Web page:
I heard a few cheers, saw many smiles and felt shivers from my neck to my toes as I wobbled out of the water and across the finish line. I had just completed a 3km swim at the Midmar Dam in the Capital K open water swim, in the misty midlands of KwaZulu-Natal.
As if to both console and congratulate myself, I thought of American non-fiction writer Margot Lee Shetterly saying, “Sometimes, she knew, the most important battles for dignity, pride and progress were fought with the simplest of actions.”
I had finished the race one breath at a time.
With no formal open water training, I had naively placed myself in a starting position that was more towards the front of the pack than initially estimated and I was being outpaced embarrassingly by the leaders. Less than 1km into the race, my chest was on fire.
With the gap between me and the swimmer in front of me widening, I seriously contemplated quitting. If I wasn’t going to finish 3km, would it matter if I quit at 1km or 2km? But after a brief pause to re-evaluate my speed and strength, I realised that with the waves crashing into me, the only way I was going to finish the race was one breath at a time. One metre at a time.
I was the last swimmer to finish the race.
And yet, there is no official record of me being in that murky water for almost two hours. I had taken too long. I participated, I finished, I was just not counted. Like many of South Africa’s black swimmers.
I often hear black people say that we don’t swim. As if there is a genetic predisposition to fearing water or being unable to float. There isn’t.
Black people can swim.
After spending a few days in Durban in preparation for the swim, I saw many black people at the beach and in the choppy ocean water. Many black children wore their smiles and swimsuits proudly at uShaka Marine World. There was even a pool party hosted by black people at my accommodation venue.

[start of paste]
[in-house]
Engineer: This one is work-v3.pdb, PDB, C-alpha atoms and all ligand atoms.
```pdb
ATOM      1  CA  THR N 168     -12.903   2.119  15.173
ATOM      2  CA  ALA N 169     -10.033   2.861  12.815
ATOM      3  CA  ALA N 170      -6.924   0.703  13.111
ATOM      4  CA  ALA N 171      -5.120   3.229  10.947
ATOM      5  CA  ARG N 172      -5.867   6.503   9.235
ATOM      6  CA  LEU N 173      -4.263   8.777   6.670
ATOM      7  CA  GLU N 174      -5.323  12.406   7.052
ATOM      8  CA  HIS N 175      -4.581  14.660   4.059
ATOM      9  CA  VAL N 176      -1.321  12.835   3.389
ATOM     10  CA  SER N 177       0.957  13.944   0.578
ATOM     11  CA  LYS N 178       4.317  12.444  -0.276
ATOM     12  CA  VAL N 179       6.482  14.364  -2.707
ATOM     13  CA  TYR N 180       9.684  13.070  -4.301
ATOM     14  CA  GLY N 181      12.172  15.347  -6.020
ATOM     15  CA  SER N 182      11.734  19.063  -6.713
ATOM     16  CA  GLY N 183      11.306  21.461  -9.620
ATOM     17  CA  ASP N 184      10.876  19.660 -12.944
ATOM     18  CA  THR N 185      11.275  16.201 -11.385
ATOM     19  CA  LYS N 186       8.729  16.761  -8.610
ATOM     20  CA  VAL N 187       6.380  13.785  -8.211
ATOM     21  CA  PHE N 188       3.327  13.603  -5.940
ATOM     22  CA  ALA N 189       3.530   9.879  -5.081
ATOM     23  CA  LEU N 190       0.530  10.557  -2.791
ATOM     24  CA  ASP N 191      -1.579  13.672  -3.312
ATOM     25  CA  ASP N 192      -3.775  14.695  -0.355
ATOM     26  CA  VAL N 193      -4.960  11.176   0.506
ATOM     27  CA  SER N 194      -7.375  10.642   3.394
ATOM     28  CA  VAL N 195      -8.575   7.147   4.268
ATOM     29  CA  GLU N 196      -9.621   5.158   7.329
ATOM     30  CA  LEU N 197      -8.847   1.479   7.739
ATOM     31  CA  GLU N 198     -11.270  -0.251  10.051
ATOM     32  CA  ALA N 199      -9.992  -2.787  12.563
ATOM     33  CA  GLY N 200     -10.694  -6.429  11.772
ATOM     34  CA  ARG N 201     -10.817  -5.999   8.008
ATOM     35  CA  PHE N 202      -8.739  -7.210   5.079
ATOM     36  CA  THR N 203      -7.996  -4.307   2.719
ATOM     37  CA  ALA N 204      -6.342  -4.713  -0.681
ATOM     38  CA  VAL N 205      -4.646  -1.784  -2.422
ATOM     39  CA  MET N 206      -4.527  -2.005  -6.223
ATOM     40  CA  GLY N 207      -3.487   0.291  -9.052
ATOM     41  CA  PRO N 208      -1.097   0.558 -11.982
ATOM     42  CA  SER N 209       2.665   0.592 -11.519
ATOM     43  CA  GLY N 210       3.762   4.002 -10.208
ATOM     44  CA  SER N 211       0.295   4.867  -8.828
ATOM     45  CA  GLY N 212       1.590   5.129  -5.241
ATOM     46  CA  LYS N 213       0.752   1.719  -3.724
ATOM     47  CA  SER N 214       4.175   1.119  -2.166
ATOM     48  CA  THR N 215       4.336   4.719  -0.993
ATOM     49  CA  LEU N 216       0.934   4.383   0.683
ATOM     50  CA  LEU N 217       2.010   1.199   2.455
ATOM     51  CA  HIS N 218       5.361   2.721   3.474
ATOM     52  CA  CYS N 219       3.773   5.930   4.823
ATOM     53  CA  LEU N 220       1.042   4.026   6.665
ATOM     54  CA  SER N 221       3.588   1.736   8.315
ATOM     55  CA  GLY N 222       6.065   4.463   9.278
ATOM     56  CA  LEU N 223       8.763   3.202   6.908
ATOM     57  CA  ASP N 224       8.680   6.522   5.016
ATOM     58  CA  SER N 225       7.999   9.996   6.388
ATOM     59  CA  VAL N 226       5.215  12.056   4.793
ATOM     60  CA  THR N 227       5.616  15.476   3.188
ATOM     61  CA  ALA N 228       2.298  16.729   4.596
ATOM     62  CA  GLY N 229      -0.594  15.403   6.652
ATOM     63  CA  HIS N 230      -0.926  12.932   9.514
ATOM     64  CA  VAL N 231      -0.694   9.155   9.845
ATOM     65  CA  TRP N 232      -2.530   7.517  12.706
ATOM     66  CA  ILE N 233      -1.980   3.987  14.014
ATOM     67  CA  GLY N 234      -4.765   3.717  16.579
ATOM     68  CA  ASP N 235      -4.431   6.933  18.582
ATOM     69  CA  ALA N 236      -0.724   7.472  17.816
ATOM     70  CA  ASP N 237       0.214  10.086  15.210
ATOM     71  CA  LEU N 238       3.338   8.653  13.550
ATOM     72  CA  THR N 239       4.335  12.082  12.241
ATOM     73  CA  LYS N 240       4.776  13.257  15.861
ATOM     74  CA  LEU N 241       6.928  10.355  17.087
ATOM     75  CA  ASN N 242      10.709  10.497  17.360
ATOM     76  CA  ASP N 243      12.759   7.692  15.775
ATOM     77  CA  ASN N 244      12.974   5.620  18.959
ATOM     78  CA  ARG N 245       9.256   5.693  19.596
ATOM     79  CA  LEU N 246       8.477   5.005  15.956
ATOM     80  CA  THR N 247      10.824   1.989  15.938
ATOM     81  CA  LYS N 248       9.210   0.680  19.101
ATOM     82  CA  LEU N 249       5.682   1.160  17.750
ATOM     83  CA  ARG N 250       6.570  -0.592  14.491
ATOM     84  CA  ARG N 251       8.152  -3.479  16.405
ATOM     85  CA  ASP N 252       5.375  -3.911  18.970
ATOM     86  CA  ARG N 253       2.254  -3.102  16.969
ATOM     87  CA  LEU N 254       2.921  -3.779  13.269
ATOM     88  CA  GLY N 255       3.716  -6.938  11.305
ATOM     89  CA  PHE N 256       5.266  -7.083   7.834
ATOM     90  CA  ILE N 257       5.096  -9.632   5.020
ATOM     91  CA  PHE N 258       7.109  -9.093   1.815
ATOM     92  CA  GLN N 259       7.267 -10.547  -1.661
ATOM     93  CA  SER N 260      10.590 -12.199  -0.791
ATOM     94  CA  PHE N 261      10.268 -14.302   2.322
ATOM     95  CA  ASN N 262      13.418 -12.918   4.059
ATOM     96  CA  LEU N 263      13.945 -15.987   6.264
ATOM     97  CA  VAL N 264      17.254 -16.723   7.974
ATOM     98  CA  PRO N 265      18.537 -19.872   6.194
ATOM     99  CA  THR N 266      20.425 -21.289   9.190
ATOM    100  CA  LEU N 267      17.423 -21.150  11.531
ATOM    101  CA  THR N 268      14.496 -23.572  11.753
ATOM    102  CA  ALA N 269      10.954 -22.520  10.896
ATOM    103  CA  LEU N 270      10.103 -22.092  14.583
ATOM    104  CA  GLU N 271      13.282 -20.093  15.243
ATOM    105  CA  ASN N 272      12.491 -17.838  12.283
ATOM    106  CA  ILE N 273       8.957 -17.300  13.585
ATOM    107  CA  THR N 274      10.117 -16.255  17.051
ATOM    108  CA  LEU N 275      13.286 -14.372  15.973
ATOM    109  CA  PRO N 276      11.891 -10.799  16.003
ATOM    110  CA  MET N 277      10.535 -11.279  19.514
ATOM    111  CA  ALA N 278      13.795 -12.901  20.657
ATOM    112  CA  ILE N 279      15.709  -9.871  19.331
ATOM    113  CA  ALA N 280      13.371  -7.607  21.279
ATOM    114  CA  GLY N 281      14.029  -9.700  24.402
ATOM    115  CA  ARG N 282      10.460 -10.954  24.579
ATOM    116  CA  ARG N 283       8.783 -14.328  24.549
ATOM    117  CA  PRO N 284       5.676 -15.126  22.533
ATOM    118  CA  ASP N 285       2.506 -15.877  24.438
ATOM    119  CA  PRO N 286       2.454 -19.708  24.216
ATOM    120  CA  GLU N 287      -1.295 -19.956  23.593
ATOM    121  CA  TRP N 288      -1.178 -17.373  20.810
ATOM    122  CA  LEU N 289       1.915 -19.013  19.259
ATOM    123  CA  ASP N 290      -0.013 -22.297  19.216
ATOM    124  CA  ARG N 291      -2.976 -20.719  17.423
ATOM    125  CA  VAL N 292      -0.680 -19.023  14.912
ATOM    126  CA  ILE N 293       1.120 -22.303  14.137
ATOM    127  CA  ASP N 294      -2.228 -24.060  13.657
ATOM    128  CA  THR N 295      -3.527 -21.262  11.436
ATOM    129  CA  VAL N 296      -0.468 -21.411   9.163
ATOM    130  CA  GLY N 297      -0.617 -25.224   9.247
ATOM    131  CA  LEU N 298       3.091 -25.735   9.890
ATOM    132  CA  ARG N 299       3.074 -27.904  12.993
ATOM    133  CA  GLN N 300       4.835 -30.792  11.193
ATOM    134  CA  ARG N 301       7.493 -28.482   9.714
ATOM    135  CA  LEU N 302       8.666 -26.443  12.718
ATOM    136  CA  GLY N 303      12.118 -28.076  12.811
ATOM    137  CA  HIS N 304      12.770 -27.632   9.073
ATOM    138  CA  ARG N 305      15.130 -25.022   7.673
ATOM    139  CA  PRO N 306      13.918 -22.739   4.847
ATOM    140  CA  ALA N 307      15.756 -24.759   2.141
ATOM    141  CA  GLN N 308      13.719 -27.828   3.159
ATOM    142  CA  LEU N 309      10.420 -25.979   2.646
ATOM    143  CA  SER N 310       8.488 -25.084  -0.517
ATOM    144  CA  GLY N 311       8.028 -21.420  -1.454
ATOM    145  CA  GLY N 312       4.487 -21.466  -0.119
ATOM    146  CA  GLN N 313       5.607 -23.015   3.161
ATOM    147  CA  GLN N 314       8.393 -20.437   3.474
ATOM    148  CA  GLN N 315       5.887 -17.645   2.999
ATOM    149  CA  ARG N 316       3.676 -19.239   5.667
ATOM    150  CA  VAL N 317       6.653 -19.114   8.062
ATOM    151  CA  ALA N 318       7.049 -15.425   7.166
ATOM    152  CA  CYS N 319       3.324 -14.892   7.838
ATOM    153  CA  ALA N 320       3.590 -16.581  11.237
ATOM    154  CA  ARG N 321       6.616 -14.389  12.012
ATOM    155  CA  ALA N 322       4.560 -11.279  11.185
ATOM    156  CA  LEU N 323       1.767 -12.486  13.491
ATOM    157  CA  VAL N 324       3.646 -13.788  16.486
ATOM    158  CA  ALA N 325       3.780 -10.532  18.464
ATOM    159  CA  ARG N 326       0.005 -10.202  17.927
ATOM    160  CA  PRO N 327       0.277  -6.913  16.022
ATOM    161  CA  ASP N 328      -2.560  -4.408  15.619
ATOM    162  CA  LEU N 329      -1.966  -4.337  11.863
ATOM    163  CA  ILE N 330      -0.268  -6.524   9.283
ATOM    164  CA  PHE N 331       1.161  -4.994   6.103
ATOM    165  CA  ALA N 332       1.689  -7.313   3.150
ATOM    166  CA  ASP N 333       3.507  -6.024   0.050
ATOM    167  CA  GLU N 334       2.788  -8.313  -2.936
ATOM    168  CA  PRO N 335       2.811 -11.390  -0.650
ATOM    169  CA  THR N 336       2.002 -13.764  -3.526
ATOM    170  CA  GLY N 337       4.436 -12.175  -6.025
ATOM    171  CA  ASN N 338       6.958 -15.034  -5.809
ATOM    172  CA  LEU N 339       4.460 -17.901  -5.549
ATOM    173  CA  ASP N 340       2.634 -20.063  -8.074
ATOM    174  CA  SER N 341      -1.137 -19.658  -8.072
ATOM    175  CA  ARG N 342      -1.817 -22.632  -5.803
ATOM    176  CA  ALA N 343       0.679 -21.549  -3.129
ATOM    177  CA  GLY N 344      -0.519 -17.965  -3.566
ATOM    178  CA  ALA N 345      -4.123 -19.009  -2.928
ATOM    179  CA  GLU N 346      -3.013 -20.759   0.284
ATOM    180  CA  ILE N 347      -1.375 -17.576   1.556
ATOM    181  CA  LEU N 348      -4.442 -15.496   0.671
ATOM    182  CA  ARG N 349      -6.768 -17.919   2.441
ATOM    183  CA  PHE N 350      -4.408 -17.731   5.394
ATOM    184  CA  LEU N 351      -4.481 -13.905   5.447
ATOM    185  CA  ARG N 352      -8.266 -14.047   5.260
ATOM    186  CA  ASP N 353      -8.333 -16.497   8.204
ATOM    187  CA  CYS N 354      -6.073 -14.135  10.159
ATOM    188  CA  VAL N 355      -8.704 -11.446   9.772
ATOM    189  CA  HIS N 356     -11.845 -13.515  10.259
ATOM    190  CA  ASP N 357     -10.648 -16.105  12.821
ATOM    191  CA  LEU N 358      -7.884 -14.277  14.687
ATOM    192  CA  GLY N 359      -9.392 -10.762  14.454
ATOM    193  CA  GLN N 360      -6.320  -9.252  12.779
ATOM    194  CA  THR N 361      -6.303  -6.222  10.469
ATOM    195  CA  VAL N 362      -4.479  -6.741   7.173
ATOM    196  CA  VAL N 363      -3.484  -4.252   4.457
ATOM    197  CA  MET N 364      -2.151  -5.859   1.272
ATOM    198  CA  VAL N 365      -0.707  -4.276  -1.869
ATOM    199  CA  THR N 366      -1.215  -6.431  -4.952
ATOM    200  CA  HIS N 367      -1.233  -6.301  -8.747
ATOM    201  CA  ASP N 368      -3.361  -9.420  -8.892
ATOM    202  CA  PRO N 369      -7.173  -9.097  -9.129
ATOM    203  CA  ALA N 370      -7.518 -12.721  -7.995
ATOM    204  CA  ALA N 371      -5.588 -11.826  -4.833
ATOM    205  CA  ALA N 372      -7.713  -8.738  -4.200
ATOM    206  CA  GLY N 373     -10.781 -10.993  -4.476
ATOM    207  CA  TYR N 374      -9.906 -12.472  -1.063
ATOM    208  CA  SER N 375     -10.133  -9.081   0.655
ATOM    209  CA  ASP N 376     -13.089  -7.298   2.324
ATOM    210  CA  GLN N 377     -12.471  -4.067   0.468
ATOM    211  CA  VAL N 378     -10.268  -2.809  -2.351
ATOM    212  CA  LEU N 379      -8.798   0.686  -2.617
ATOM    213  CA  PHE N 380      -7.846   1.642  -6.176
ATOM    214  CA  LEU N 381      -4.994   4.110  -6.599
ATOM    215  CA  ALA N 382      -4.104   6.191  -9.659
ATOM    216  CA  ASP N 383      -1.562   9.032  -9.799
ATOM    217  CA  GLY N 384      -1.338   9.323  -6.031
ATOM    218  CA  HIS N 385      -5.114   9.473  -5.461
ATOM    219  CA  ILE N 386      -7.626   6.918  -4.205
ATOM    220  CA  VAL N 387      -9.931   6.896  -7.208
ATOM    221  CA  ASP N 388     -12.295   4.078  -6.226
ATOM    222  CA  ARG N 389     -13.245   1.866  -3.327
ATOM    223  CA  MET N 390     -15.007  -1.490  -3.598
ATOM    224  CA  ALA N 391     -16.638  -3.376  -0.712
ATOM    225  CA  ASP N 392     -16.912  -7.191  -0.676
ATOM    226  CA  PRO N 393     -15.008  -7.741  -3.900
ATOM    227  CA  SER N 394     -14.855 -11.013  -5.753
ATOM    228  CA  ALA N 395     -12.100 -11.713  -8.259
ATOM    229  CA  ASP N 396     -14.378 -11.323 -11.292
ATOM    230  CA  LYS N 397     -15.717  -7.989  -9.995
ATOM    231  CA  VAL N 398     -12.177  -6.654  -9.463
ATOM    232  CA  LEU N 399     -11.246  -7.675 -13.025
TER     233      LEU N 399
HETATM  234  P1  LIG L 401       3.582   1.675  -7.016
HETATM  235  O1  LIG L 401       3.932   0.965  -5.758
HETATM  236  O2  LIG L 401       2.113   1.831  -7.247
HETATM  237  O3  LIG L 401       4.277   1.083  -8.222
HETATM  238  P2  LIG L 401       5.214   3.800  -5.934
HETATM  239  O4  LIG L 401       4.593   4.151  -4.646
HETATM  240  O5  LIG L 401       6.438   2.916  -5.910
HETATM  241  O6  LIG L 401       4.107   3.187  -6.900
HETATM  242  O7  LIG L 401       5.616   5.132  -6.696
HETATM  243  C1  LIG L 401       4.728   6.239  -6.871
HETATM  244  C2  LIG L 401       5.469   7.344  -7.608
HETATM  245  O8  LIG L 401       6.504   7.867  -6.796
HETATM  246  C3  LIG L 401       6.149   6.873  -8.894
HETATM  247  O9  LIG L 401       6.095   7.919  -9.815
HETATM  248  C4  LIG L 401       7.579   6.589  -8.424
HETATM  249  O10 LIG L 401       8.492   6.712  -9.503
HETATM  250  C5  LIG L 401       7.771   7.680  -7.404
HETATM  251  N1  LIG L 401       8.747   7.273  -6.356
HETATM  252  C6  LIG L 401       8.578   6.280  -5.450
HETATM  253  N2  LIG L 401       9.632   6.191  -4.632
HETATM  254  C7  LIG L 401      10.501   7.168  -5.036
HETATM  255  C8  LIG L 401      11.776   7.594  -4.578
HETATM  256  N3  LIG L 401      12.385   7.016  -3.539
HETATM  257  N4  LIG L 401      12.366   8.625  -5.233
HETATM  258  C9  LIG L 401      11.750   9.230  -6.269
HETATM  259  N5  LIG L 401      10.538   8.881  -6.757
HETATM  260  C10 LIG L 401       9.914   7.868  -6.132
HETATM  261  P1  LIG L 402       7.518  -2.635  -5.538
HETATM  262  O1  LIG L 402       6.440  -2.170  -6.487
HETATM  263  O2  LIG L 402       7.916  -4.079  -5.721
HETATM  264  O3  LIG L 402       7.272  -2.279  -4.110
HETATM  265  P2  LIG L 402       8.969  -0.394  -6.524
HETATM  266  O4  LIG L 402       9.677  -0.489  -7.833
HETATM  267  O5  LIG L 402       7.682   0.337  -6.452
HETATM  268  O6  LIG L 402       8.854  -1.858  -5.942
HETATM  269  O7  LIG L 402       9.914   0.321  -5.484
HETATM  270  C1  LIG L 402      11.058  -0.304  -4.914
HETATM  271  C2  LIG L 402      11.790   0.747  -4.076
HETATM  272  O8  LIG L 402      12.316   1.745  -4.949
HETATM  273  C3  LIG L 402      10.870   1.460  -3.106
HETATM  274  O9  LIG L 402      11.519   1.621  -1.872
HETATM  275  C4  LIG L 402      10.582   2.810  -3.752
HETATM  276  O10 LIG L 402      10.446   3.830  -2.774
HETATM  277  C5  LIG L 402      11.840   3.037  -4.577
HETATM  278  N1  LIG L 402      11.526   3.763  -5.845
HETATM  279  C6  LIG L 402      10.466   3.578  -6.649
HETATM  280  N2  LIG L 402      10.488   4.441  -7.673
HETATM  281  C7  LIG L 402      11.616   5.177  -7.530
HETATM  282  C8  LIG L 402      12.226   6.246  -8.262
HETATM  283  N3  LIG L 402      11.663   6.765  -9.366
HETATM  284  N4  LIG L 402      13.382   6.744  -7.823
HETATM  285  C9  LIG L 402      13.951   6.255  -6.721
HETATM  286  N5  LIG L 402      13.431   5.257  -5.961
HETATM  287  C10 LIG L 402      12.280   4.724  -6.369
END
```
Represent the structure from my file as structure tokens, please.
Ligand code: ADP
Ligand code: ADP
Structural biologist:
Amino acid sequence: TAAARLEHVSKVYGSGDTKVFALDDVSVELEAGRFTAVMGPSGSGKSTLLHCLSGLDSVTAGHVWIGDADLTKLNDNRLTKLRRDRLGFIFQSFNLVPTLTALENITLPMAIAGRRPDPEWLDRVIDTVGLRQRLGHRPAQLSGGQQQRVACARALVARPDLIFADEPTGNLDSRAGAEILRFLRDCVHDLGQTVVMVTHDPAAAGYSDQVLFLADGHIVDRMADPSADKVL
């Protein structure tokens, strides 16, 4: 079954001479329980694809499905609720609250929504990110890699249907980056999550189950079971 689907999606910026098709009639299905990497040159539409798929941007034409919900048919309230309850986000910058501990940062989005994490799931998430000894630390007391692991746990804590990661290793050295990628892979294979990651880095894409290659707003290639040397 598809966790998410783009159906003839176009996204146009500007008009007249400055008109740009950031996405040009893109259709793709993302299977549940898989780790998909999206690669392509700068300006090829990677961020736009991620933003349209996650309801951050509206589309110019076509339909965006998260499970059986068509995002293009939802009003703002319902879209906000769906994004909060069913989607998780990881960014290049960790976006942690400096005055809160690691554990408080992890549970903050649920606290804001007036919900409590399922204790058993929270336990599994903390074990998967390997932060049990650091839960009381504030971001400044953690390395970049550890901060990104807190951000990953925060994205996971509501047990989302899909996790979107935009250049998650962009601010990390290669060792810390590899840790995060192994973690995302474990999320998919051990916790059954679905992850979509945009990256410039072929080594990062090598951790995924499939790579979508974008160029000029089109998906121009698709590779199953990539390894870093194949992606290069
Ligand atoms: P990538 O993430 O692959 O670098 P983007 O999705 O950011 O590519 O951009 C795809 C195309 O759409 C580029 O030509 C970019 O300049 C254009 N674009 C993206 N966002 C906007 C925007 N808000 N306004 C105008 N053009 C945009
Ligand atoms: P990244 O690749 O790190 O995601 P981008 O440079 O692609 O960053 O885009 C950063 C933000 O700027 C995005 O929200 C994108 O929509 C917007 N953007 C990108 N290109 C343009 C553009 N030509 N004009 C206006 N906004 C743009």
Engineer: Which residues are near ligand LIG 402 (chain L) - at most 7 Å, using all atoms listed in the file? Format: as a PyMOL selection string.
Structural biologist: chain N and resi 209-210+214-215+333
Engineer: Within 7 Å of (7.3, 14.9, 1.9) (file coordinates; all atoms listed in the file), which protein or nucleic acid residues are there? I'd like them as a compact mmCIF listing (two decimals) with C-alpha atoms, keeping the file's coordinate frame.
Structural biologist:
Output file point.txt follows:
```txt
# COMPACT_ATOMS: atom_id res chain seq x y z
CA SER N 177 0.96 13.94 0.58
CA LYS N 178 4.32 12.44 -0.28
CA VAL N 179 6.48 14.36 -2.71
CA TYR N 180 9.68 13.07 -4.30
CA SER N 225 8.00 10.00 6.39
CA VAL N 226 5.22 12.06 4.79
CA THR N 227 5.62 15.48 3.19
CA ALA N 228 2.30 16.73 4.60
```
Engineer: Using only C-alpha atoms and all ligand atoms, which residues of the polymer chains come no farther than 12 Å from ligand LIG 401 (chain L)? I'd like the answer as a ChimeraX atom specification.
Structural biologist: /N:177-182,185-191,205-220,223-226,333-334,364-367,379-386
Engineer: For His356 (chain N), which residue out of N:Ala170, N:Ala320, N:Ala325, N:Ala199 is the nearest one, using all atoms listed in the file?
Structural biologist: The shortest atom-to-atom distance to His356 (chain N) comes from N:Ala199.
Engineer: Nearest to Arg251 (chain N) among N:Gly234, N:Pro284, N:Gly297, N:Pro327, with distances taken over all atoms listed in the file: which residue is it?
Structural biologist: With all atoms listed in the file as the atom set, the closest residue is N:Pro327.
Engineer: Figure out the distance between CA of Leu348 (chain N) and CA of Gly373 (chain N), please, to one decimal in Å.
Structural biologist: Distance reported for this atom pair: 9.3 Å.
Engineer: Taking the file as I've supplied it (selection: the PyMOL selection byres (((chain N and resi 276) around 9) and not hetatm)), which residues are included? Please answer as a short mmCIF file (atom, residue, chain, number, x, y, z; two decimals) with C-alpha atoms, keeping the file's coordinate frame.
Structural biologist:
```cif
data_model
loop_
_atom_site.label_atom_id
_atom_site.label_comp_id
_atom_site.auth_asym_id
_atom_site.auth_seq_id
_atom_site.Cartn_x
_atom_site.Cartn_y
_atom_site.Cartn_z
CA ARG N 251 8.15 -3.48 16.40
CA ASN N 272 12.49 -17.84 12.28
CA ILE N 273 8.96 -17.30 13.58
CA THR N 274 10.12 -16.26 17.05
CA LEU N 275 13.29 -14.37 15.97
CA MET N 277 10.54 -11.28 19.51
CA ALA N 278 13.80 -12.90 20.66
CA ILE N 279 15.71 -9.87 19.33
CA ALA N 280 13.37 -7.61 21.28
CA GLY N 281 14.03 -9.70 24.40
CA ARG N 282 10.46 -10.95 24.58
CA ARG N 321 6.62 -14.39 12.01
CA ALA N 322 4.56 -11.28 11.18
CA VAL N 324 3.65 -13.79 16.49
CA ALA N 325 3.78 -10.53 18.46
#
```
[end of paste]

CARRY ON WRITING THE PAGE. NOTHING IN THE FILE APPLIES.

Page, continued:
Black people do swim.
In my childhood, my friends and I would have birthday parties at the public pool and spend the entire day swimming and snacking. And yet, when I swam my first Midmar Mile in 2009, none of those friends came with me. I was the only black girl among 181 from Eunice High who swam that year.
And although the number of black swimmers is increasing in the country, there is still a perception that black people don’t swim, as if those that do, don’t count.
Raising the numbers
The numbers of those that do will keep increasing as avenues to teach children how to swim become more accessible and affordable to all. Today there are 34 sites countrywide that collectively offer more than 80 swimming lessons to children during December with Swimming South Africa’s Learn to Swim initiative. Even though most of these lessons are geared towards water safety and basic swimming skills, they can serve as simple actions in the battle of progress for competitive black swimmers.
Of the eight South African swimmers who competed in the Youth Olympic Games in Buenos Aires, Argentina, in October 2018, seven were white. This demographic was mirrored in the Capital K swim where eight of the top 10 swimmers to finish the 3km race were white. But the winner, Leshen Aniston Pillay, was black.
When congratulating the team ahead of the Youth Olympics, Sascoc president Gideon Sam wished the team well by saying he was “confident that this team will do the nation proud by showcasing our rich sporting talent”.
But South Africa’s swimming talent is poorer for not having more black competitive swimmers.
Black child, keep swimming. One breath at a time. Soon, we’ll win the race.